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World News


Portugal’s Socialists Helped Give the Far-Right Oxygen

Amid the tranquil vistas that define Portugal, a country nestled on the edge of Europe’s southwestern periphery, a significant political saga unfolds. Here, against a backdrop where the echoes of history resonate with peculiar intensity, a new chapter marked by political tumult is being written. The potential re-emergence of far-right influence, a specter long believed to be relegated to the past, now threatens to reshape a nation that has, thus far, steered clear of the nationalist resurgence shaking its neighbors. Yet, as we stand on the brink of this possible shift, the path forward remains uncertain.

Delving into Portugal’s storied past is crucial for understanding the gravity of the current situation. The figure of António de Oliveira Salazar, who rose to power in 1932, embodies a critical juncture in Portuguese history. His governance, characterized by staunch corporatism and a profound aversion to liberal, socialist, and communist ideals, cast a long-lasting shadow over the nation. Salazar’s era, enduring nearly four decades, is a stark reminder of the potency of authoritarian ideologies and the deep scars they can leave on a society’s collective memory.

This resurgence of right-wing populism in Portugal cannot be disentangled from the broader European context. The continent, with its rich tapestry of political ideologies, witnesses a notable decline in socialist influence, signaling a shift that could have profound implications for Portugal. This trend, evident from Paris to Berlin, paints a picture of a continent at a crossroads, with Portugal potentially mirroring this continental drift.

António de Oliveira Salazar ruled as prime minister from 1932 to 1968
António de Oliveira Salazar ruled as prime minister from 1932 to 1968.

The Socialist Party’s role in this evolving narrative is particularly noteworthy. The political landscape, tarnished by scandals and accusations of corruption, has inadvertently laid the groundwork for the rise of individuals like André Ventura, the enigmatic leader of the far-right Chega party. Ventura’s trajectory, fueled by populist appeals and a nostalgic yearning for nationalistic revival, marks a critical inflection point in Portugal’s political evolution.

The era of Prime Minister António Costa, marked by its tumultuous end and the controversies surrounding key figures within the Socialist Party, underscores a broader disillusionment. In January 2022, António Costa secured an unexpected third term as prime minister, a testament to his enduring political appeal. However, his resignation in November of 2023, amid investigations into alleged misconduct related to substantial green investment projects, marked the beginning of a turbulent chapter in Portuguese politics.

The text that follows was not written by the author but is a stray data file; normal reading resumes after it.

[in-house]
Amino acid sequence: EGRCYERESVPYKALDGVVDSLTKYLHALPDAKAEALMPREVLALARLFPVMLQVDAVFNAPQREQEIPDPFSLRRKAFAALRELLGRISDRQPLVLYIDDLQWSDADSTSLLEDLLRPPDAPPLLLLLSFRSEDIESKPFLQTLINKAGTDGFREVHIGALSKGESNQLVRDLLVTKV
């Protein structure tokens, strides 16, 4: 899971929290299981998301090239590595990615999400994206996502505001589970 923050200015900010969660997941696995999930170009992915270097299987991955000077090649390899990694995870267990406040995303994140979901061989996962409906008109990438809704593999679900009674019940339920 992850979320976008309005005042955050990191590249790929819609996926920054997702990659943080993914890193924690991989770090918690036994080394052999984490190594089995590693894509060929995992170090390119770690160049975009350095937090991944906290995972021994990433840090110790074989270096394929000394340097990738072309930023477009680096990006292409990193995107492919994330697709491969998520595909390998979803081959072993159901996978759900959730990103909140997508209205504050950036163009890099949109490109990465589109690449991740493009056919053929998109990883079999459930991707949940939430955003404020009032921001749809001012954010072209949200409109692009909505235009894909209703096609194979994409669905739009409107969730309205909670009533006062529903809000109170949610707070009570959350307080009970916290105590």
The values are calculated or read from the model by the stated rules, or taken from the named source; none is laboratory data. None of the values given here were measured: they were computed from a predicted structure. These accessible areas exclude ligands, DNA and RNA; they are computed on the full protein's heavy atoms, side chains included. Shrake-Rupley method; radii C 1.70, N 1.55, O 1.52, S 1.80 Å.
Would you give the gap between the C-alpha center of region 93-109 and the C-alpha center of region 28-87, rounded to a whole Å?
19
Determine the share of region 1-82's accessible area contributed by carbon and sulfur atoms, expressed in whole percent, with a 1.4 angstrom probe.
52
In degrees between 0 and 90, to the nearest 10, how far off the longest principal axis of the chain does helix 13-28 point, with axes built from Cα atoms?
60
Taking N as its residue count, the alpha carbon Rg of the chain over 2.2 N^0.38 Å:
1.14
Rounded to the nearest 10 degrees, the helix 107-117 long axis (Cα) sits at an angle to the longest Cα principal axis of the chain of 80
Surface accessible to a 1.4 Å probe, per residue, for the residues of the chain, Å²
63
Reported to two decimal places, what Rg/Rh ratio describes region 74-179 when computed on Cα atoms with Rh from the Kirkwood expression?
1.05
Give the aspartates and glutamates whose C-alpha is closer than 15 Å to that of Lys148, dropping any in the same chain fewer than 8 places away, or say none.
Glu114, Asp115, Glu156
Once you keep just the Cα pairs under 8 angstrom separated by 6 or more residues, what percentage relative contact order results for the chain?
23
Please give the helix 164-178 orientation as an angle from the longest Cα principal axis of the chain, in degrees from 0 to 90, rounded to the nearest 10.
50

The leadership baton of the ruling Socialist Party (PS) passed to Pedro Nuno Santos in December, a figure deeply entrenched in the party’s left wing and a pivotal architect behind the coalition with far-left factions during Costa’s tenure. However, his ministerial career was marred by controversy over a €500,000 severance payment scandal involving TAP Air Portugal, leading to his resignation.

Amid this political turmoil, a Lisbon court found former Prime Minister José Sócrates, who led the country from 2005 to 2011, guilty of amassing approximately €34 million through corrupt practices. This revelation came as another blow to the Socialist Party’s reputation, already tarnished by past allegations of corruption.

The Social Democratic Party, too, has not been immune to scandal. Recent graft investigations in the Madeira Islands prompted the resignation of two prominent officials, ironically coinciding with the party’s anti-corruption campaign in Lisbon—a stark reminder of the pervasive nature of political corruption.

Further complicating the political landscape, prosecutors have targeted additional figures for their alleged involvement in a range of financial misdeeds, underscoring a pattern of governance that prioritizes personal gain over public service.

This backdrop of scandal and mismanagement has profoundly impacted Portugal’s younger generations. Their disillusionment with the Socialist Party and austerity measures have fueled a reevaluation of nationalistic and far-right ideologies, once fringe elements of Portuguese politics.

The upcoming election is poised to be a pivotal moment, signaling a potential shift towards a resurgence of the far-right in Portugal. Although the outright victory of André Ventura and his Chega party seems unlikely, his political ascent is undeniable. With a rapidly growing base and endorsements from figures like Geert Wilders and Matteo Salvini, Ventura’s rise points to a broader recalibration of the political landscape.

This resurgence of far-right politics in Portugal is a reflective mirror of broader European trends, where economic instability and political disenchantment have paved the way for nationalist movements. The Socialist Party’s faltering, marked by scandals and ineffective governance, inadvertently set the stage for this political shift, illustrating the unforeseen consequences of political miscalculations. As Portugal stands on the cusp of potentially transformative elections, the legacy of its socialist governance and the specter of far-right resurgence offer a cautionary tale of political dynamics in flux.